Entities are stored in a PostgreSQL database, interfaced with the tweet collector and the middleware using asyncpg and asyncio in Python3. All statistical and machine learning calculation are implemented in SQL query to leverage database concurrency on the server machine. The whole backend is wrapped inside a Docker container to allow flexible and portable deployment.

BotSlayer-CE provides users with a dashboard that is accessible through any web browser. The frontend allows users to set up the app key and change query of interest through a configuration page. The main page displays statistics of entities related to the query, ordered from the most suspicious to the least by a metric called BS Level. Users can also re-order the entities by different metrics like botness and trendiness, or filter them by keywords or types to explore potentially suspicious behaviors. For each entity, the dashboard provides links for users to go back to Twitter to check the original discussion or search on Google. Users can also visualize the discourse around each entity on Hoaxy. Finally, users can export aggregated statistics as spreadsheets.

To calculate the BS level of an entity, we extract four features: volume, trendiness, diversity, and botness in 4-hour sliding windows and apply logistic regression based on a manually annotated training set. For the volume, we count the number of tweets containing each entity during the focal time window. Trendiness is calculated as the ratio between the entity volume in two consecutive time windows. The diversity is the ratio between the number of unique users and the number of tweets they post. Finally, botness measures the level of bot-like activity. The intuition for the BS level is that entities with intermediate diversity and high volume, trendiness, and botness tend to be more suspicious.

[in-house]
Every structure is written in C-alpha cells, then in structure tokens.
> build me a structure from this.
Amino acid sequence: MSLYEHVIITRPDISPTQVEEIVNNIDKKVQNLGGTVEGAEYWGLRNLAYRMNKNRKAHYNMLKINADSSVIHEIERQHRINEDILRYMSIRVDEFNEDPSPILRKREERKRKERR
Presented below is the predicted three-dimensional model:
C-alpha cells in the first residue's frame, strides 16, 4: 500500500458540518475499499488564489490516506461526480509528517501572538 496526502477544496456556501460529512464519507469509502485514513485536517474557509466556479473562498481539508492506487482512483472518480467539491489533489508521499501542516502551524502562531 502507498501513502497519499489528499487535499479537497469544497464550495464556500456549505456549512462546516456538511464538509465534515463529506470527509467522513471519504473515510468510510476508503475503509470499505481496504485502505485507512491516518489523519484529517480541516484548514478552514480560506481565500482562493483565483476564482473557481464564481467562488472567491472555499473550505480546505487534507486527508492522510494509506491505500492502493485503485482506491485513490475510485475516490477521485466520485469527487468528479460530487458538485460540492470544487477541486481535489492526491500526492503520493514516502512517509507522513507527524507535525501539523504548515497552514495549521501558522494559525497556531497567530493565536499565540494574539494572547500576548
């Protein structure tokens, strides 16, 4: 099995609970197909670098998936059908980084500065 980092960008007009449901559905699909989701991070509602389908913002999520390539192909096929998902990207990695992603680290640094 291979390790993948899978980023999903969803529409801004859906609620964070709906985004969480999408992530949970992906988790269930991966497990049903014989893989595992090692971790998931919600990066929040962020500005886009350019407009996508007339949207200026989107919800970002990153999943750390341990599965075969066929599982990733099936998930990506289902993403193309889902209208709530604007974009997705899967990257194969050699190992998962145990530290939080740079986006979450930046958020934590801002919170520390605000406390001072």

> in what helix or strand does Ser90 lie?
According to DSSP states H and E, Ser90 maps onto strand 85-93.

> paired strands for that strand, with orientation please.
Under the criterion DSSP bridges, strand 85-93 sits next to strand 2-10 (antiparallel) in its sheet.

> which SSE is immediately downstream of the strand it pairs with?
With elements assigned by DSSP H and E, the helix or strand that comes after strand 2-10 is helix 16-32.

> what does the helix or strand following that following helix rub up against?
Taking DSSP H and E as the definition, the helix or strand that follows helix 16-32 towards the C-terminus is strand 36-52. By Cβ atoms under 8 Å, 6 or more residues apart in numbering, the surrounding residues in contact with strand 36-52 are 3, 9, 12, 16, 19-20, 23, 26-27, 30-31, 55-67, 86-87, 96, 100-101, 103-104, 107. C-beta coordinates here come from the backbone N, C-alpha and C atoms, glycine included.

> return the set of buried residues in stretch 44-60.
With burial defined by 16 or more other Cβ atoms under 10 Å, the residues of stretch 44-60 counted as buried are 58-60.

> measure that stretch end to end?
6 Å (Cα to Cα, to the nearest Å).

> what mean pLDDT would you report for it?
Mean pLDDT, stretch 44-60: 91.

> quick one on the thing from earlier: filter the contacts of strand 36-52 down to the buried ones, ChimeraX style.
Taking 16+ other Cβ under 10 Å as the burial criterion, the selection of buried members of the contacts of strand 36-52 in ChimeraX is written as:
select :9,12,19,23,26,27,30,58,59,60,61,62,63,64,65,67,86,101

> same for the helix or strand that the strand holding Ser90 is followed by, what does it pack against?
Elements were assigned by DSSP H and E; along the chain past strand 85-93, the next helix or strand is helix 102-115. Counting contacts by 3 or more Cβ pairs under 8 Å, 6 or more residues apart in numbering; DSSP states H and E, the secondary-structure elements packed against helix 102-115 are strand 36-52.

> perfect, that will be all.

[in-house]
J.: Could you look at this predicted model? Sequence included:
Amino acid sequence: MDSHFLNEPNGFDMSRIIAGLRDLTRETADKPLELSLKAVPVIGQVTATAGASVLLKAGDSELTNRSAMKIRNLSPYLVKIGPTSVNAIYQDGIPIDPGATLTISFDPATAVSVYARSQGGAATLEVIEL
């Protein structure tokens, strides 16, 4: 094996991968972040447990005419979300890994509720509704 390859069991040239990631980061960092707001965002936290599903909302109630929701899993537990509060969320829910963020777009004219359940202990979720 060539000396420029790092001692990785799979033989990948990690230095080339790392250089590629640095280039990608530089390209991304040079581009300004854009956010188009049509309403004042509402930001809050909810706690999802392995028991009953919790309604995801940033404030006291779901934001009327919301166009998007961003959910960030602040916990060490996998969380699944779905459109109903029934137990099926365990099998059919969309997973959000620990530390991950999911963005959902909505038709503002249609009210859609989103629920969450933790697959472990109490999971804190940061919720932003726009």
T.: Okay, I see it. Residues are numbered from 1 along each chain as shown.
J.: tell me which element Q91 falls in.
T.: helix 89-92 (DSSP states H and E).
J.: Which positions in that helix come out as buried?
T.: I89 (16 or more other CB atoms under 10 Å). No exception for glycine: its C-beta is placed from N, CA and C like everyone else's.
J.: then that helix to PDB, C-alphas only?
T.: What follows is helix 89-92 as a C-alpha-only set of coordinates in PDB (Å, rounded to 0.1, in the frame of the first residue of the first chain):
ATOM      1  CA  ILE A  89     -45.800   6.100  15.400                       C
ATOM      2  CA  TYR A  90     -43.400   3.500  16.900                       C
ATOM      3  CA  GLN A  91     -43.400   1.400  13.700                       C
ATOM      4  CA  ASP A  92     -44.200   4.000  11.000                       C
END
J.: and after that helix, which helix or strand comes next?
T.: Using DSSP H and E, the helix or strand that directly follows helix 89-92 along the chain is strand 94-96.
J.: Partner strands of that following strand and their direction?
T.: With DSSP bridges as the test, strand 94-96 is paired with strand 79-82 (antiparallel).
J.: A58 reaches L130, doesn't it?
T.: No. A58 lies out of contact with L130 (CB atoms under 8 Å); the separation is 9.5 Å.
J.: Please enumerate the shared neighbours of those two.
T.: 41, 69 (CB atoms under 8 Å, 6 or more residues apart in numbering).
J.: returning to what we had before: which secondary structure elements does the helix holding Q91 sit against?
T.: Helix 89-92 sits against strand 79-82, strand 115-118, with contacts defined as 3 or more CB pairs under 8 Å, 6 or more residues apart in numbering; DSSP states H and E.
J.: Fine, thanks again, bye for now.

To measure the botness, BotSlayer-CE is equipped with a simple rule-based bot scoring function. The bot scoring function uses simple heuristics based on high friend growth rate, high friend/follower ratio, high tweeting frequency, and default profile image to calculate bot scores. These heuristics yield about 0.70 AUC when tested on annotated accounts. They may be appropriate to detect some bots and not others. Depending on the research domain, different bot detection algorithms may be advisable. One can plug their favorite bot detection system into the BotRuler class (BotRuler.py). One could implement simpler heuristics based on high tweet rate or default profile image, use state-of-the-art machine learning bot detection tools, or train their own classifier. For example, the "Pro" version of BotSlayer uses a proprietary bot detection software. Accounts that display the suspicious behaviors mentioned above will have scores close to 1.

Community Guidelines

How to Contribute

In general, you can contribute to this project by creating issues. You are also welcome to contribute to the source code directly by forking the project, modifying the code, and creating pull requests. If you are not familiar with pull requests, check out this post. Please use clear and organized descriptions when creating issues and pull requests.

Bug Report and Support Request

You can use issues to report bugs and seek support. Before creating any new issues, please check for similar ones in the issue list first.